Early on April 7, the Israeli Defense Forces (IDF) carried out a series of strikes against positions of the Palestinian Hamas Movement in the Gaza Strip and southern Lebanon in response to recent rocket attacks which were launched from the two regions.
The escalation began on April 5, when Israeli Police stormed al-Aqsa mosque in Jerusalem city and arrested hundreds of Palestinians worshipers. In an initial response, several rockets were fired from Gaza at nearby towns in southern Israel. Later on April 6, a barrage of 34 rockets was launched from southern Lebanon at several towns in northern Israel.
The IDF said that Hamas, who rules the Gaza Strip and maintains presence in Palestinian refugee camps in Lebanon, was behind the attacks.
The initial wave of Israeli retaliatory strikes on Gaza hit two tunnels, two weapon production sites, and an anti-aircraft missile launcher of Hamas.
The first tunnel was located near the city of Beit Hanoun, while the second was near the southern city of Khan Younis. The IDF said that the two tunnels “did not cross into Israeli territory and did not pose a threat to Israeli civilians.
Later, the IDF said a combat drone destroyed a heavy machine gun of Hamas in northern Gaza. According to the military, the gun was used to fire at Israeli warplanes. Hamas fighters also fired shoulder-launched anti-aircraft missiles. However, no hits were reported.
Palestinian fighters fired later in the morning more rockets at nearby Israeli towns, prompting a second wave of Israeli strikes.
The second wave targeted an underground weapons production site, three other sites for weapons manufacturing, a tunnel, and a series of observation posts, all belonging to Hamas, according to the IDF.
At around the same time, three Israeli strikes hit a Palestinian refugee camp in the outskirts of the southern Lebanese city of Tyre.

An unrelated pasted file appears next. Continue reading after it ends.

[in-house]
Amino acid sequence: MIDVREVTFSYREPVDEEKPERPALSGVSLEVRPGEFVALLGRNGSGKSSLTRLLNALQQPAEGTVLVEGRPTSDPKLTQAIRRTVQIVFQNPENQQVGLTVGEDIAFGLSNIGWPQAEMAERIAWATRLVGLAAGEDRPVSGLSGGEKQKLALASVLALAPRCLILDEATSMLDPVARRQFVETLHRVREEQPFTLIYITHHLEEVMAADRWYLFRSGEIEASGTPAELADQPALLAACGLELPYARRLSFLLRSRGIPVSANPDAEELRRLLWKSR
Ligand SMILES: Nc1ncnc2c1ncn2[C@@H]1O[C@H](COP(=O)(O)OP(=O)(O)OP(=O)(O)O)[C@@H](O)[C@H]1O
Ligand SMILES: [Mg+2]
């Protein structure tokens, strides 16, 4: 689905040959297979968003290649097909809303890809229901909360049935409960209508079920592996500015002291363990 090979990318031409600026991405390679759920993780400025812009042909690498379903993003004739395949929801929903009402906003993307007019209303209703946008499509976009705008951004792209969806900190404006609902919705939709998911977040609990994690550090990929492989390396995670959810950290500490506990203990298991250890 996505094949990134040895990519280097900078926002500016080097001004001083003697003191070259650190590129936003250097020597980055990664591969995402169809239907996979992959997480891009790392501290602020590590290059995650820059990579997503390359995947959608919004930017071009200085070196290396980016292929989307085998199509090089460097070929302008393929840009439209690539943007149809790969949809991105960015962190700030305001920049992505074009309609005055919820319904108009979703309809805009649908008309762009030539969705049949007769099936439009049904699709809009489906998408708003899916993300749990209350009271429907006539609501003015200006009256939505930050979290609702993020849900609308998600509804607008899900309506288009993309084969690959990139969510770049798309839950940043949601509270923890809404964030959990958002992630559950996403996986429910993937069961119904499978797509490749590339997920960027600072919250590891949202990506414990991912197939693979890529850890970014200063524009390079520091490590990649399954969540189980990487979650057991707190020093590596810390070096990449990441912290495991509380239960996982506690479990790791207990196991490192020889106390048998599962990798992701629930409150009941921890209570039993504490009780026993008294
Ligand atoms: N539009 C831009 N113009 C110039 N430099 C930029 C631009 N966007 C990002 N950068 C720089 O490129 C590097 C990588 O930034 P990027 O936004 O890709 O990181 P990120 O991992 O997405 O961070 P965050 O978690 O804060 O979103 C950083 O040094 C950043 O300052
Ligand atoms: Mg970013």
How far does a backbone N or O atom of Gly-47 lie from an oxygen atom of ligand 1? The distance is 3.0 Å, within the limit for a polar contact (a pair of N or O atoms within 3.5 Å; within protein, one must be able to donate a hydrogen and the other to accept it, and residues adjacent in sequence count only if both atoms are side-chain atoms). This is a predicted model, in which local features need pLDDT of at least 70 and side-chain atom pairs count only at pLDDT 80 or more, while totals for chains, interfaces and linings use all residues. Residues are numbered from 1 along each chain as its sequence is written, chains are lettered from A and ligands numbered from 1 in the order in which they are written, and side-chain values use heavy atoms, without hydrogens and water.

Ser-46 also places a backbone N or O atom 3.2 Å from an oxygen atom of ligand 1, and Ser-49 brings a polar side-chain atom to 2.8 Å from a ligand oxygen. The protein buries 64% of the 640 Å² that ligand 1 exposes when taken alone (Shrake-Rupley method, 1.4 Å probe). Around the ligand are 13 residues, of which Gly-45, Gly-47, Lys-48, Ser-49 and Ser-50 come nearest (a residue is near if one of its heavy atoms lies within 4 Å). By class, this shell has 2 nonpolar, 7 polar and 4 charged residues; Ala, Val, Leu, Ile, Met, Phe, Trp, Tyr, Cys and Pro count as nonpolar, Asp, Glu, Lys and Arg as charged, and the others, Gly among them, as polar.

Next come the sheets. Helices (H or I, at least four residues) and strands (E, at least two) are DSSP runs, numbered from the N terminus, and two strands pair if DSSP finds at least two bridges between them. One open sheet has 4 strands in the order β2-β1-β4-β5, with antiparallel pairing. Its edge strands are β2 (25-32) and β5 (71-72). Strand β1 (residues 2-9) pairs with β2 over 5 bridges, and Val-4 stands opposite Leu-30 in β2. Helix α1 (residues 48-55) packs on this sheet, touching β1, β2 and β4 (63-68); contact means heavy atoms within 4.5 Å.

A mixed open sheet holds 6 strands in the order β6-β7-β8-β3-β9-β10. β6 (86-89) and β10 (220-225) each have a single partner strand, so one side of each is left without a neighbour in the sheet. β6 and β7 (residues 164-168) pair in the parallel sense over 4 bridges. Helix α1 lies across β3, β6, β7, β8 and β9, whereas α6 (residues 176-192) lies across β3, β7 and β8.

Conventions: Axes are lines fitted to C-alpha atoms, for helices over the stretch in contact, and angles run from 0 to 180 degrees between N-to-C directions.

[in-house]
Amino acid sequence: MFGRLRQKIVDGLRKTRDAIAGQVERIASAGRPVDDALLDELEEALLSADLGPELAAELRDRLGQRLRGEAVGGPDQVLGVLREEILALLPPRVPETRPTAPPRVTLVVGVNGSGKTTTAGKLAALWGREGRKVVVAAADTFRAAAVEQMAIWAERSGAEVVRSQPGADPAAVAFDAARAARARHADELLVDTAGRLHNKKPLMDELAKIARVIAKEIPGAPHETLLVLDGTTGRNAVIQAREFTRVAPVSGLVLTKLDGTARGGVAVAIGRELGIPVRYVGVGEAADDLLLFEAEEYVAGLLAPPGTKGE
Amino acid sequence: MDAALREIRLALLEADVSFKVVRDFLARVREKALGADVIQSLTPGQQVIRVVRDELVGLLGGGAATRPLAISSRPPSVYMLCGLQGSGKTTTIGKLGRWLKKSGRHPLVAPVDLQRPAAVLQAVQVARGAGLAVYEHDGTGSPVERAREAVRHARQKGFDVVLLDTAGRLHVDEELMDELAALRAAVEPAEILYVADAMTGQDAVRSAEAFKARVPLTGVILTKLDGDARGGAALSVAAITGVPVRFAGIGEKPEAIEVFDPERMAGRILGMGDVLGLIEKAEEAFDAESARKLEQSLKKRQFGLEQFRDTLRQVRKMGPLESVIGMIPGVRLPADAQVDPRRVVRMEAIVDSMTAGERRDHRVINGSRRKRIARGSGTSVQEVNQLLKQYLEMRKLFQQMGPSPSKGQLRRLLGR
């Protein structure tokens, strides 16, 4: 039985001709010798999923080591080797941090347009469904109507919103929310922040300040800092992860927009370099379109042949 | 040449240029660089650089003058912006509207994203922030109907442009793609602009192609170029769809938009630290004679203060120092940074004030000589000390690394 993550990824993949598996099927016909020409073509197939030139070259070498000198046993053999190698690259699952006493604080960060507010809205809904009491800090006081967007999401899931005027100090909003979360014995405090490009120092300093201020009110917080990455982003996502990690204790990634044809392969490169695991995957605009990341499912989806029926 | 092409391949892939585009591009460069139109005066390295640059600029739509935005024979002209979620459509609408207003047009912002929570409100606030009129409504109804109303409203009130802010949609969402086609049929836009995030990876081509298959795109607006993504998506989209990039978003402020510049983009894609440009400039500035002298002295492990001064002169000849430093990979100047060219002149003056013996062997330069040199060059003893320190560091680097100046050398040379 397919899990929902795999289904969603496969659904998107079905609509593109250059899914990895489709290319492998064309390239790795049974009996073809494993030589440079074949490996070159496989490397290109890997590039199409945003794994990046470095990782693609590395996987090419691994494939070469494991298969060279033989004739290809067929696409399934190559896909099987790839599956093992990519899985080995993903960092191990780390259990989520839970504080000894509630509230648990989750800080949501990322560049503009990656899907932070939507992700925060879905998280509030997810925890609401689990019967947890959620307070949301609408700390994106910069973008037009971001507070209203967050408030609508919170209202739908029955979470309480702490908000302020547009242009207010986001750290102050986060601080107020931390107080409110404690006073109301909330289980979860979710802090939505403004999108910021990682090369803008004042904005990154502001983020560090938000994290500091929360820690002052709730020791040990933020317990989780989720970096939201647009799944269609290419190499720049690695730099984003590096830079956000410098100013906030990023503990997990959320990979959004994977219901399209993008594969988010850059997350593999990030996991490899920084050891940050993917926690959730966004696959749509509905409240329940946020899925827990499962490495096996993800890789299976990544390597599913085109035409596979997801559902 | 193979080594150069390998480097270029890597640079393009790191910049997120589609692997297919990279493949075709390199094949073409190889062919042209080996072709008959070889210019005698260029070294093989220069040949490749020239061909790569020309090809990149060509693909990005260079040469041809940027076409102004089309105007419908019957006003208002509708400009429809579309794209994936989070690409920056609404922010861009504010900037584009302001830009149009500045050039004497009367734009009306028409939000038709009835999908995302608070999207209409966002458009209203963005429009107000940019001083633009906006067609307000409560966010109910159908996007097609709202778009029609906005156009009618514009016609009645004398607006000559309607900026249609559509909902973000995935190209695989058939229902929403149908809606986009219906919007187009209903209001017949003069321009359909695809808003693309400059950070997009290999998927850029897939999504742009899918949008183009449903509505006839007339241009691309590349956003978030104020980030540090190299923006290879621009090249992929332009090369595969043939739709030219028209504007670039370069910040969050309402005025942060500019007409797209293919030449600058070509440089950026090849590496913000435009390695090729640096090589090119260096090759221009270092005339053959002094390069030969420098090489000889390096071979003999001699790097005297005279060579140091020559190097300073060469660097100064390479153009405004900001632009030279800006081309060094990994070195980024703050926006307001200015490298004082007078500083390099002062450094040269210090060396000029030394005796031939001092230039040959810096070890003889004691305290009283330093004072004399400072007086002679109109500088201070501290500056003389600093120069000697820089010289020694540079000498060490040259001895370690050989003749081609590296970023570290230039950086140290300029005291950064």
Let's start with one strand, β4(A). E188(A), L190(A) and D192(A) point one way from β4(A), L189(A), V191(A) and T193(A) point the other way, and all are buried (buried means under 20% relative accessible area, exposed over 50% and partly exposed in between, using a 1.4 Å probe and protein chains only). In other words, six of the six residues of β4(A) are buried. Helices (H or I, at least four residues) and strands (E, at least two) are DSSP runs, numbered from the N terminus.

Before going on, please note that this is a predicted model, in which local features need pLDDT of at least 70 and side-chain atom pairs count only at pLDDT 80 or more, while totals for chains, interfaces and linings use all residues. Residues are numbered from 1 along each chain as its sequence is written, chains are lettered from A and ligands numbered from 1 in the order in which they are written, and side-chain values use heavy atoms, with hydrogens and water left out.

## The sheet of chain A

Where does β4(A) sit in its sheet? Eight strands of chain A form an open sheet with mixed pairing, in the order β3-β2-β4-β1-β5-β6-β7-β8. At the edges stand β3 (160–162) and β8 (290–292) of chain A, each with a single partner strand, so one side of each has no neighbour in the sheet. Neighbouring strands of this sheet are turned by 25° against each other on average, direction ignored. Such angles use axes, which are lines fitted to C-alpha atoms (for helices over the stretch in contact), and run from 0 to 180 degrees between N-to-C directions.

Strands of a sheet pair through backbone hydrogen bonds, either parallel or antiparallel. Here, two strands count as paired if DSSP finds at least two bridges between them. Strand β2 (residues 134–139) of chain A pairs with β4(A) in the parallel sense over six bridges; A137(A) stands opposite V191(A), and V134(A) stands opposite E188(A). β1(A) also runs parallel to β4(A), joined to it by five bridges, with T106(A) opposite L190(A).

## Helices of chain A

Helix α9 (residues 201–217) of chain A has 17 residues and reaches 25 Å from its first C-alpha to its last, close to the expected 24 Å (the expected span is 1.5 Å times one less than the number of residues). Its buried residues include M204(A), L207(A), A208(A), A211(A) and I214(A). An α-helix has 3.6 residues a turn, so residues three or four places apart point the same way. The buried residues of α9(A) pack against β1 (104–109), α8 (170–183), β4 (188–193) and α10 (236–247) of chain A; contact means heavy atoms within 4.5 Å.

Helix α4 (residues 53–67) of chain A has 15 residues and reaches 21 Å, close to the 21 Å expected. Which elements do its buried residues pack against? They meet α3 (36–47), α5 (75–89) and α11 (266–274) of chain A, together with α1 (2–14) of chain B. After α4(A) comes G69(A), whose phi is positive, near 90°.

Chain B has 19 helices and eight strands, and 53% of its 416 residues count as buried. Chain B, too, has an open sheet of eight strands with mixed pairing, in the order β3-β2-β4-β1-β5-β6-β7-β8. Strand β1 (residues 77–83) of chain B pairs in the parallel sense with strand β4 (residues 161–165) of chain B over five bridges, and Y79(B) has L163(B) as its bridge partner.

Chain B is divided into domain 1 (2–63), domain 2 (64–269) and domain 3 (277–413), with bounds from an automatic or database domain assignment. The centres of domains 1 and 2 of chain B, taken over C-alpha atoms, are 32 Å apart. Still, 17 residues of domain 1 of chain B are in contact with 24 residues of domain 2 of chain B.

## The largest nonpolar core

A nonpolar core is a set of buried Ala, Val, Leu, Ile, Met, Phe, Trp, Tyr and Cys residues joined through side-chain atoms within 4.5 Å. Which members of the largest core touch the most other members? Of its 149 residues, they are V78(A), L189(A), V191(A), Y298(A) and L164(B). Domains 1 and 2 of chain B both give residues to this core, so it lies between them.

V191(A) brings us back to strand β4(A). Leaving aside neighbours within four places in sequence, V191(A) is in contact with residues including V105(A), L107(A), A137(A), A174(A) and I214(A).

“The strikes were carried out in response to Hamas’ security violations in recent days,” the military said. “The IDF holds the Hamas terrorist organization responsible for all terror activities emanating from the Gaza Strip and it will face the consequences of the security violations against Israel,” the IDF said.
The Israeli strikes on the Gaza Strip and southern Lebanon caused some material losses. Nevertheless, no casualties were reported.
Israeli Prime Minister Benjamin Netanyahu convened the high-level security cabinet late on April 6 to discuss the security developments and weigh Israel’s response.
“Israel’s response, tonight and later, will exact a significant price from our enemies,” Netanyahu said in a brief statement after the meeting, which lasted around three hours.
Israel has reportedly informed Egypt, which has served as a mediator with Hamas, that any further possible escalation would depend on the response to the airstrikes by Palestinian factions. This indicates that Tel Aviv is planning to de-escalate.
While the confrontation appears to be over, the upcoming few days could witness more escalation if Hezbollah decided to respond to the Israeli strikes on Tyre. The group warned Tel Aviv against attacking any target on Lebanese territory on several occasions in the last few months.